The technology sector has been among the top-performing sectors during the past month, behind only consumer discretionary stocks. Admittedly, despite the fact that the Nasdaq 100 index is still down 19% in 2022, when compared to a 13% drop in the Dow Jones Industrial Average, but nevertheless shows signs of life.
Tech stocks led the nearly a decade-and-a-half bull run prior to being frozen out at the end of last year as traders turned to what appeared to be more recession-proof names. But investors should put such short-term fluctuations aside and focus on the long term, because tech is so entrenched in today’s economy that it will ultimately win out.
Use these severe pullbacks to acquire stocks that were formerly out of reach, taking them up at a bargain and then holding on for ten years or more. The following pair of tech firms are examples of stocks you may own for decades to profit from having bought them early.
PayPal Holdings (PYPL) is a payments company that could easily supplement your long-term tech holdings category. Its growth is accelerating, while the fintech sector is still in the early innings of its own ascent.
PayPal has been around for a long time (its IPO was in 2002), but the payments industry is still just getting started. Consumers are using the service more than ever before, according to PayPal. Payment volume increased 13 percent during the third quarter, reaching $340 billion, with Venmo accounting for $61.4 billion in payment volume. PayPal handled 5.5 billion payment transactions during the year, up from 5.4 billion transactions at the end of 2020.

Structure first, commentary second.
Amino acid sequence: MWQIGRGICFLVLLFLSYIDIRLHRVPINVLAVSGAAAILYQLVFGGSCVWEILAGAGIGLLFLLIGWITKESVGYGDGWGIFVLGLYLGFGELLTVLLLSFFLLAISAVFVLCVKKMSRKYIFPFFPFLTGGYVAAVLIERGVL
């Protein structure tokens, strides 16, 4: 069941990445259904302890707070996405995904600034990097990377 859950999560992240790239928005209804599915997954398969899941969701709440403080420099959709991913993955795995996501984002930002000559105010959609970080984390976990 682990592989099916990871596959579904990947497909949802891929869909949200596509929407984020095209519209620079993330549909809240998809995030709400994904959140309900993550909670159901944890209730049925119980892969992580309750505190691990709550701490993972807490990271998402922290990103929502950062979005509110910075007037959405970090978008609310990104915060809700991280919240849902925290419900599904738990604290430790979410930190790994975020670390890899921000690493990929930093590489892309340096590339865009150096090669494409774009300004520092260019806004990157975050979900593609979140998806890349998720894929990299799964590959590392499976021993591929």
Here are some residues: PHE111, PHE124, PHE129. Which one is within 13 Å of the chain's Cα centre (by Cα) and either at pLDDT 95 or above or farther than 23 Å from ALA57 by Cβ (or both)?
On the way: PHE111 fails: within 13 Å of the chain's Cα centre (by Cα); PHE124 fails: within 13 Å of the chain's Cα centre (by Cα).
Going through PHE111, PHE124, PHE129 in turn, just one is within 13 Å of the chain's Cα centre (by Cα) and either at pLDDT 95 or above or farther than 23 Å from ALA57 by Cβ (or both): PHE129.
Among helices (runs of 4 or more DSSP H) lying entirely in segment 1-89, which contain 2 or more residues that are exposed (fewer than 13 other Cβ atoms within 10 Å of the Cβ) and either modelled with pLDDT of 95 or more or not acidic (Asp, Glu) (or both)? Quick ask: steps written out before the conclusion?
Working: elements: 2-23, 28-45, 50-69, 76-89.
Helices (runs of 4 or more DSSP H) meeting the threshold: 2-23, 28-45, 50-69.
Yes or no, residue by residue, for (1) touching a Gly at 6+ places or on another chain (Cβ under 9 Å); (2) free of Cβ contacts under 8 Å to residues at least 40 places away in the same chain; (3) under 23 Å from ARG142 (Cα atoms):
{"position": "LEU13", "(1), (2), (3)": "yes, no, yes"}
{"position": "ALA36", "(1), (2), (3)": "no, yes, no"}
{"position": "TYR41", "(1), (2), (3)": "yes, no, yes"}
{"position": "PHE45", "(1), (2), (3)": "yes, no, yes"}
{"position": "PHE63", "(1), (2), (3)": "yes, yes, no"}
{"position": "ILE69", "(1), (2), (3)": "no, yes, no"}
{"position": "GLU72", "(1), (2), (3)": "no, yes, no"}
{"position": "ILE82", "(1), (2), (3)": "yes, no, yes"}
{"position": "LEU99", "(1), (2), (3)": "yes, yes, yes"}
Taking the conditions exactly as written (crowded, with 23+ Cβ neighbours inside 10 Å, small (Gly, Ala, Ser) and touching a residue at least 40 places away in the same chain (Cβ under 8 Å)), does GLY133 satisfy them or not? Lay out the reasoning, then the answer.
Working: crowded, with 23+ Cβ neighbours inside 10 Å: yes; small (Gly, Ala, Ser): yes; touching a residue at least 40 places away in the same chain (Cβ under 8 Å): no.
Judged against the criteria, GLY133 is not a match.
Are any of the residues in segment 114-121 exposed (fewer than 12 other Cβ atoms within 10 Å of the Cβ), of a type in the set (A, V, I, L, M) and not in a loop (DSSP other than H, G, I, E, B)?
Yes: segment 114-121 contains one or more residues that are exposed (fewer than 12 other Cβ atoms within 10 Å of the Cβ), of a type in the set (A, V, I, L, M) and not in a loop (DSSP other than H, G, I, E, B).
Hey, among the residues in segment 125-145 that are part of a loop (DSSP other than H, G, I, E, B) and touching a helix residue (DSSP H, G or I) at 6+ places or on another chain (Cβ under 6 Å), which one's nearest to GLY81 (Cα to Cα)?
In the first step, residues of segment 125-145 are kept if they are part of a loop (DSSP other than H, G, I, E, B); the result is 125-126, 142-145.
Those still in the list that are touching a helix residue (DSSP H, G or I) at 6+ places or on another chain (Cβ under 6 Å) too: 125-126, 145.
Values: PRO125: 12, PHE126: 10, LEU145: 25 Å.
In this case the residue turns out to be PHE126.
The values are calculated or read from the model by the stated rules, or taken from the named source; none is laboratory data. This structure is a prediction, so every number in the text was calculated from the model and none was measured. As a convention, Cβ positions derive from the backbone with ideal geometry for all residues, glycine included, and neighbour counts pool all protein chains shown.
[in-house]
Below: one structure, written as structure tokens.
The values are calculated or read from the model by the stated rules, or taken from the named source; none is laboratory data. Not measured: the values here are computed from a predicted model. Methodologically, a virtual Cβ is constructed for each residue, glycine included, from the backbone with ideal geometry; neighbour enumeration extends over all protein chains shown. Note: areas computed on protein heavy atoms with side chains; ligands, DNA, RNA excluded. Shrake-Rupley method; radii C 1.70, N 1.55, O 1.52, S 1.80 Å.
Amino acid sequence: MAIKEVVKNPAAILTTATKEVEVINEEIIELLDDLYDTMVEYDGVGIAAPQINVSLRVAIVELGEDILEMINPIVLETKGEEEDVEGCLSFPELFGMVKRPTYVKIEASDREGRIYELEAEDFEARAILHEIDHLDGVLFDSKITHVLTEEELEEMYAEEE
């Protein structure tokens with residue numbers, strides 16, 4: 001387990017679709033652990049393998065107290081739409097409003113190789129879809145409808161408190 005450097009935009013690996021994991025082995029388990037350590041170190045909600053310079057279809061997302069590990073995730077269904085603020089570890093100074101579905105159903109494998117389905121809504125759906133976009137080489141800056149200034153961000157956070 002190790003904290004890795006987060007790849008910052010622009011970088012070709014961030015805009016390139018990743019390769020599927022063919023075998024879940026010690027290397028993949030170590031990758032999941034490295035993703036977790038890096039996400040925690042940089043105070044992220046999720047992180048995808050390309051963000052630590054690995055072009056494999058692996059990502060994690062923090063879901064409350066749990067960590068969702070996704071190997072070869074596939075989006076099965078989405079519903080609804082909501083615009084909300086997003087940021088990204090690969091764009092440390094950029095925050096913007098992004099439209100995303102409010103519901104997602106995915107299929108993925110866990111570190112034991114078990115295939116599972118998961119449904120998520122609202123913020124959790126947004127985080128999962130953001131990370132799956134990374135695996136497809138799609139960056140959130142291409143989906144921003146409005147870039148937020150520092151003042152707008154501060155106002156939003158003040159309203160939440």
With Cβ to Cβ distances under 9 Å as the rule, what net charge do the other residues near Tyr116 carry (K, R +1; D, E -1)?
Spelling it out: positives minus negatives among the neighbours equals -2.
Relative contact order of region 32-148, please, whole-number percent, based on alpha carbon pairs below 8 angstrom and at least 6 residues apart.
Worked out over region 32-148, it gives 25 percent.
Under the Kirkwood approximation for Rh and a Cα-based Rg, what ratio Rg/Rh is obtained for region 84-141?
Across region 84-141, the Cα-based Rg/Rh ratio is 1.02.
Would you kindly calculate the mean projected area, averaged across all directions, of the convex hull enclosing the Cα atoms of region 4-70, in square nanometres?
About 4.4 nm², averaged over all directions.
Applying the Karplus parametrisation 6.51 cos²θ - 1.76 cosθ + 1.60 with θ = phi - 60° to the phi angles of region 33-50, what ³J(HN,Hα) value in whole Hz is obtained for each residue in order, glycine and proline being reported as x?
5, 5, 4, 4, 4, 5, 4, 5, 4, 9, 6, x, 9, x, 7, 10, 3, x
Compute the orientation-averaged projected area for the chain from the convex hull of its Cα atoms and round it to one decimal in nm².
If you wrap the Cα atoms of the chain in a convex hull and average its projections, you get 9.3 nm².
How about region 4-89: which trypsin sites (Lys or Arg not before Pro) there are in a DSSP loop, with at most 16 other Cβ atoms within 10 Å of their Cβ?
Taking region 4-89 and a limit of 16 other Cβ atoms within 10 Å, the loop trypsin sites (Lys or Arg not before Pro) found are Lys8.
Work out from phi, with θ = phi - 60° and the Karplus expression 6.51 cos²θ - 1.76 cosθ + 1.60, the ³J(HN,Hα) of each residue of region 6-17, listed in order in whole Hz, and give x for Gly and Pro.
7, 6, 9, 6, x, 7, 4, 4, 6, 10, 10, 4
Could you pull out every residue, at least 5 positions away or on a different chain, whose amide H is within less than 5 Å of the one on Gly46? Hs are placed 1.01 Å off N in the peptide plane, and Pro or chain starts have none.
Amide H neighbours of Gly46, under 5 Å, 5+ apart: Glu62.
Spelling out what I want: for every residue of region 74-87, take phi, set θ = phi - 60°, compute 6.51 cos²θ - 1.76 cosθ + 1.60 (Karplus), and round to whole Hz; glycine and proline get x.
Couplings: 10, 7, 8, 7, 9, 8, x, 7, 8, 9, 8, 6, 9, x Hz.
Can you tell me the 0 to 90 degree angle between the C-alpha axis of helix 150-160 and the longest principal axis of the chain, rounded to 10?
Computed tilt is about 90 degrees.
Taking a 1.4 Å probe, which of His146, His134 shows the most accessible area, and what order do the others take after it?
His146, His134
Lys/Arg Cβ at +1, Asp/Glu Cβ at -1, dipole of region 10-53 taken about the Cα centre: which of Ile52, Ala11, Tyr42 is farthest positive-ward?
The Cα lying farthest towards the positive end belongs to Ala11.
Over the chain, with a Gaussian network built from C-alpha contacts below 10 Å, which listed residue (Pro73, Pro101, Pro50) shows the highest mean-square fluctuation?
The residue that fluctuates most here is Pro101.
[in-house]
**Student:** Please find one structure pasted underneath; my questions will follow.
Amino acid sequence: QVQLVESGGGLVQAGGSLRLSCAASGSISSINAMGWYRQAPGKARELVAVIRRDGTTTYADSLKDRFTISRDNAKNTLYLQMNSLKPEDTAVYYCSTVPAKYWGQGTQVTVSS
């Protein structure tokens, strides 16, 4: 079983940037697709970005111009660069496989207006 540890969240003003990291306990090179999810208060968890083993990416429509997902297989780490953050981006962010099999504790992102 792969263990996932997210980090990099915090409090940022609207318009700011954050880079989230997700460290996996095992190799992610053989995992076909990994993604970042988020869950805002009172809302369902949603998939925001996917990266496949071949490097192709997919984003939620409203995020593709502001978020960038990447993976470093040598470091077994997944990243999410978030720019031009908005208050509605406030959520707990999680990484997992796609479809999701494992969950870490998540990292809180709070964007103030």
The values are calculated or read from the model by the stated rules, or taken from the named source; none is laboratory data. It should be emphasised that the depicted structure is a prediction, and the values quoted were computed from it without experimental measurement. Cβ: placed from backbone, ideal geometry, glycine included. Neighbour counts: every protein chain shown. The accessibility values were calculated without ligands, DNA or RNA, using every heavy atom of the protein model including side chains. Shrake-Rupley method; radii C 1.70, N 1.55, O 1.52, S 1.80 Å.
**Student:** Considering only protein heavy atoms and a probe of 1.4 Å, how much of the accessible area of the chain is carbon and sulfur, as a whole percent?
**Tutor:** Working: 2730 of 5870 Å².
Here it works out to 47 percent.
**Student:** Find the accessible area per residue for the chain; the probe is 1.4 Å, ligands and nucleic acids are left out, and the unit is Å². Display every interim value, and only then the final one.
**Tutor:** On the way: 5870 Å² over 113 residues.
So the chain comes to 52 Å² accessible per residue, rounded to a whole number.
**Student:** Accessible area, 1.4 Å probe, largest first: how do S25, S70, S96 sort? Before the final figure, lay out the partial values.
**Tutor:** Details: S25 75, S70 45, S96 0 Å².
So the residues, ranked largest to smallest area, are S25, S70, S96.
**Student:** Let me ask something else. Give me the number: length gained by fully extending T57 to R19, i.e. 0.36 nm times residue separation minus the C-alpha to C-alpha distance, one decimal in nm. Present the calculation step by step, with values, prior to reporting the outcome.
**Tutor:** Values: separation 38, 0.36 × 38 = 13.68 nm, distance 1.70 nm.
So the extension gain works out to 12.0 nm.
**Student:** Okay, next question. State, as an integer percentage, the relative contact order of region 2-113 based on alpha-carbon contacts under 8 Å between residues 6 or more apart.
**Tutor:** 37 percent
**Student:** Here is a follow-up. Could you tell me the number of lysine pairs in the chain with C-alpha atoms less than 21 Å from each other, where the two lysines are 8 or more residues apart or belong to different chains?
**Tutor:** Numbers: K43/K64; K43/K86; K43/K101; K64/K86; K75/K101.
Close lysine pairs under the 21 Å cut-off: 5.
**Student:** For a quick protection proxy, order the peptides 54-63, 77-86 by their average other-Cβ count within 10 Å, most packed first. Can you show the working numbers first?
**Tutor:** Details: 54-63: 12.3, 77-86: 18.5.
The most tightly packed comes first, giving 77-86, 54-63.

PayPal is a de facto leader in digital payments and peer-to-peer money transfers, with a well-known brand that will remain an important player in the fintech market.
There’s a lot to pick on Google (GOOG -0.69%) (GOOGL -0.72%) for. But it’s difficult to make the case that there are few firms more important to the tech industry, or that it is so deeply woven into society’s social fabric. That alone establishes long-term investing as a reasonable course of action.
Google, of course, has a monopoly in internet search, with 91.5 percent market share. Google’s second-quarter search advertising revenue increased 13.5% to $40.6 billion, demonstrating that advertisers will continue to go where the consumers are.
Google isn’t the only source of income for Alphabet. With almost three times as many monthly visits as Wikipedia, YouTube is the world’s most popular website and generates $7.3 billion in revenue.
Google Cloud might be where Alphabet sees the most development in the future. It is the third largest cloud operation behind Amazon’s AWS and Microsoft Azure, with revenue increasing 36% to $6.3 billion during the second quarter.
Alphabet’s value has tumbled more than 20% this year, creating an attractive buying opportunity.
Comments are closed.